The Robert N. Priest family of Topeka, Ks.:Information about Nancy Monroe
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Nancy Monroe (b. July 18, 1771, d. October 25, 1854)Nancy Monroe (daughter of Robert Monroe and Margaret ?) was born July 18, 1771 in Hunterdon County, New Jersey, and died October 25, 1854 in Erie County, Pennsylvania.She married Abraham Talbott on 1795 in Hampshire County, West Virginia, son of Daniel Talbott and Elizabeth Ward.
Notes for Nancy Monroe:
All the following from:Ancestry World Tree Project: Roe (www.ancestry.com) -
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From Pittsburgh Christian Advocate / 14 November 1854
MEMOIR OF MRS. NANCY TALBOTT
Mr. Editor-------I trust you will excuse the freedom I take in asking room in your paper for something more than an obituary, or short notice, of a beloved sister; not because she was my sister, but because she lived long, suffered much, and exhibted (sic) through all her trials and deep affliction the faith and patience of a Christian, and died in the hope of a glorious immortality.
Nancy Talbott, the subject of the following notice, was the daughter of Robert and Margaret Monroe, and was born in Hunterdon County, New Jersey; but while yet a child, she moved with her parents to Allegheny County, Maryland, where she had the privilege of hearing the Methodist preachers who first visited those parts, and through their instrumentality she was brought to a knowledge of salvation by faith, and united with the Church in the fifteenth year of her age; and she continued in the fellowship of the Church for a period a little short of seventy years.After a residence of a few years in Maryland, the family moved and settled in Hampshire County, Virginia, where Nancy was united in marriage to Abraham Talbott, of Quaker descent and education, and of moral and correct habits, but a stranger to vital godliness.As he turned his attention entirely to farming, and was under the necessity of renting, Mrs. Talbott was sometimes situated where her religious privileges were very limited, and she was called to endure much bodily affliction, and the loss of her second child, a promising boy of two years old, who died of whooping cough. But these afflictions were sanctified to her good, and proved a means of preparing her for the greater trials which awaited her.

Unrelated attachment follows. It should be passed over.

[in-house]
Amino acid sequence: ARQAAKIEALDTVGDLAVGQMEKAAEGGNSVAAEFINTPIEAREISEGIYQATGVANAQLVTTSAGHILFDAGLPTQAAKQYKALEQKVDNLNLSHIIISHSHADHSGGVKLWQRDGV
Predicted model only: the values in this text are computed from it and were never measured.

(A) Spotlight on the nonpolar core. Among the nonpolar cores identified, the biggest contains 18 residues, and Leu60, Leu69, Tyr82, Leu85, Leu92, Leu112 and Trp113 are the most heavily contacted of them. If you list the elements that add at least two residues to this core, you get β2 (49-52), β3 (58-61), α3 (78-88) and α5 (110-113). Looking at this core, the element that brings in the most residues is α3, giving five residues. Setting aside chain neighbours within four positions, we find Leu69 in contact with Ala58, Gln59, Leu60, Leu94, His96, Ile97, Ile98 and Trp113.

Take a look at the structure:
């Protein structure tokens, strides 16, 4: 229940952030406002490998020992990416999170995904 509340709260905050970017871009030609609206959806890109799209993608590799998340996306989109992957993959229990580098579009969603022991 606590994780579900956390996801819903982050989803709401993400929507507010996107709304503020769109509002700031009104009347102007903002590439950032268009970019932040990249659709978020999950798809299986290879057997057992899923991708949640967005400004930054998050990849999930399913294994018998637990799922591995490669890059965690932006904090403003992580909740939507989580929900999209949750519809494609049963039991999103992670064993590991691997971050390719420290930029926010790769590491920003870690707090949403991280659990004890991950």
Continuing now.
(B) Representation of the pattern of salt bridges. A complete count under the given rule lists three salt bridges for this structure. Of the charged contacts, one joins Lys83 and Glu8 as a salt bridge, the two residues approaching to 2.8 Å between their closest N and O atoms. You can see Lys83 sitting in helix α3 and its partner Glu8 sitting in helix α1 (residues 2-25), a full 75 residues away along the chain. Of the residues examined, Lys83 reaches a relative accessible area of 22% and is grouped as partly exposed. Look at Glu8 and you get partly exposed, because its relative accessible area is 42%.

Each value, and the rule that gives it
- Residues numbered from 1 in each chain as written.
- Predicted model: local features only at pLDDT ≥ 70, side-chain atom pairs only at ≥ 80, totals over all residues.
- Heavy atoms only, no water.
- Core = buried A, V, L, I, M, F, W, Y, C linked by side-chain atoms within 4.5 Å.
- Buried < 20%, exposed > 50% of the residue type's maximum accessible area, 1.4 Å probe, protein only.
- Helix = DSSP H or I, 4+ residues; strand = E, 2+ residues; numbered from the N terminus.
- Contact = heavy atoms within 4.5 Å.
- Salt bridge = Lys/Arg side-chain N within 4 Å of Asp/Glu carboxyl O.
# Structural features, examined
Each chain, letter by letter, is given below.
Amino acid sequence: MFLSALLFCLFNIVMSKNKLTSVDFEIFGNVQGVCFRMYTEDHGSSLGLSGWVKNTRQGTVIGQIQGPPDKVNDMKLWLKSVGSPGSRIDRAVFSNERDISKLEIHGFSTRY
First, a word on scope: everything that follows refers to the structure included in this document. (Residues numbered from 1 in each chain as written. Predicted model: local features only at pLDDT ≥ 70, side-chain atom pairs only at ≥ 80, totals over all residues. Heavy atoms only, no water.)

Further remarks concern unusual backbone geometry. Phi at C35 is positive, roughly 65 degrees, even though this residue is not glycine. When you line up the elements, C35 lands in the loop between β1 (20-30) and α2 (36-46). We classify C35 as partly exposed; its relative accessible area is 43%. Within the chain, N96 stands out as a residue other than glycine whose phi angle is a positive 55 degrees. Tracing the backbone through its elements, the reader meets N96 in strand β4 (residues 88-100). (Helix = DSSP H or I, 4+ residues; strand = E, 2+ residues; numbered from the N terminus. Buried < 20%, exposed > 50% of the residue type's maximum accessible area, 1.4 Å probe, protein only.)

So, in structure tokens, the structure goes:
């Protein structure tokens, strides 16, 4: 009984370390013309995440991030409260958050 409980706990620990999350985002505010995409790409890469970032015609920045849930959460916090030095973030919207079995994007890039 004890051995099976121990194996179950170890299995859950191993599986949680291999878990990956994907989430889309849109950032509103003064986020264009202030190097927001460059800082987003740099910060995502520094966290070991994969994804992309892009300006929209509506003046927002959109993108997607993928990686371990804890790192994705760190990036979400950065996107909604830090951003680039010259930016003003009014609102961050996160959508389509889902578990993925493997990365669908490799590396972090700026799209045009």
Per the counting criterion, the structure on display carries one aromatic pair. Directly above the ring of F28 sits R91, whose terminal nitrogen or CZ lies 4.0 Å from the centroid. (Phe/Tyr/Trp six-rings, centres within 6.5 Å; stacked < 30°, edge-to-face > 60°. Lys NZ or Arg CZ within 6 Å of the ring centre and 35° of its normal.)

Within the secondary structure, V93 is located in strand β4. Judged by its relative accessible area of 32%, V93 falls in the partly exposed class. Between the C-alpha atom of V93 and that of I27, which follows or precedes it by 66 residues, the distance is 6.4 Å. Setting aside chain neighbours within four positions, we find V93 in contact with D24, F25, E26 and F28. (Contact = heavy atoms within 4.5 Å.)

In the year 1800 or 1801 they moved and settled in Erie County, Pennsylvania. Here she shared in the privations and hardships common to the settlers in this new country; but here she enjoyed the benefits of a society of living Christians, among whom her faith and hope were increased, and she was encouraged to hold on her way. In 1810 it was my lot to travel Erie circuit; this gave me an opportunity of visiting and spending some time with my beloved sister every round, and I always found her the same pious and devoted Christian, delighting in the services of the sanctuary and in the society of the saints. But here she was called to drink deeply of the cup of affliction. The uncertainty of the land titles became a subject of annoyance and litigation, by which Mr. Talbott became involved, and to relieve himself he built a schooner, and having some knowlege of sailing, he engaged in business on the lake, managing his vessel himself; his prospects became encouraging-- he was doing a profitable business; but Mrs. Talbott was by this means left much alone with her children, and her health failed; a little daughter died of fever contracted while her mother and her were accompanying her father on a vayage to Detroit. The mother at the same time lying in the same fever so low that her end was looked for every hour; from this, however, she recovered after a long time, but only to experience new afflictions.
In December, 1825, Mr. Talbott was caught in a severe storm on his way from Buffalo to Detroit; his vessel was by some means disabled, and all on board perished---- none escaping to give a history of their disaster. The schooner Good Intent (for that was its name) was discovered the next morning from the light-house at Buffalo, but too late for any relief to be afforded. Mrs. Talbott was now left in a state of poverty with her two sons-- the youngest 14 years old, the other a few years older; her daughters, four in number, were all married. Her youngest son was put to a trade, to learn the wagon-making while the eldest continued with his mother. A few years after this she determined to leave the scene of her troubles, and she moved to Portage County, Ohio, where the two brothers (the youngest having acquired a knowledge of his trade) eng...[not finished in source].
More About Nancy Monroe and Abraham Talbott:
Marriage: 1795, Hampshire County, West Virginia.
Children of Nancy Monroe and Abraham Talbott are:
- +Mary Talbott, b. August 17, 1804, Pennsylvania, d. January 24, 1891, Hardin County, Iowa.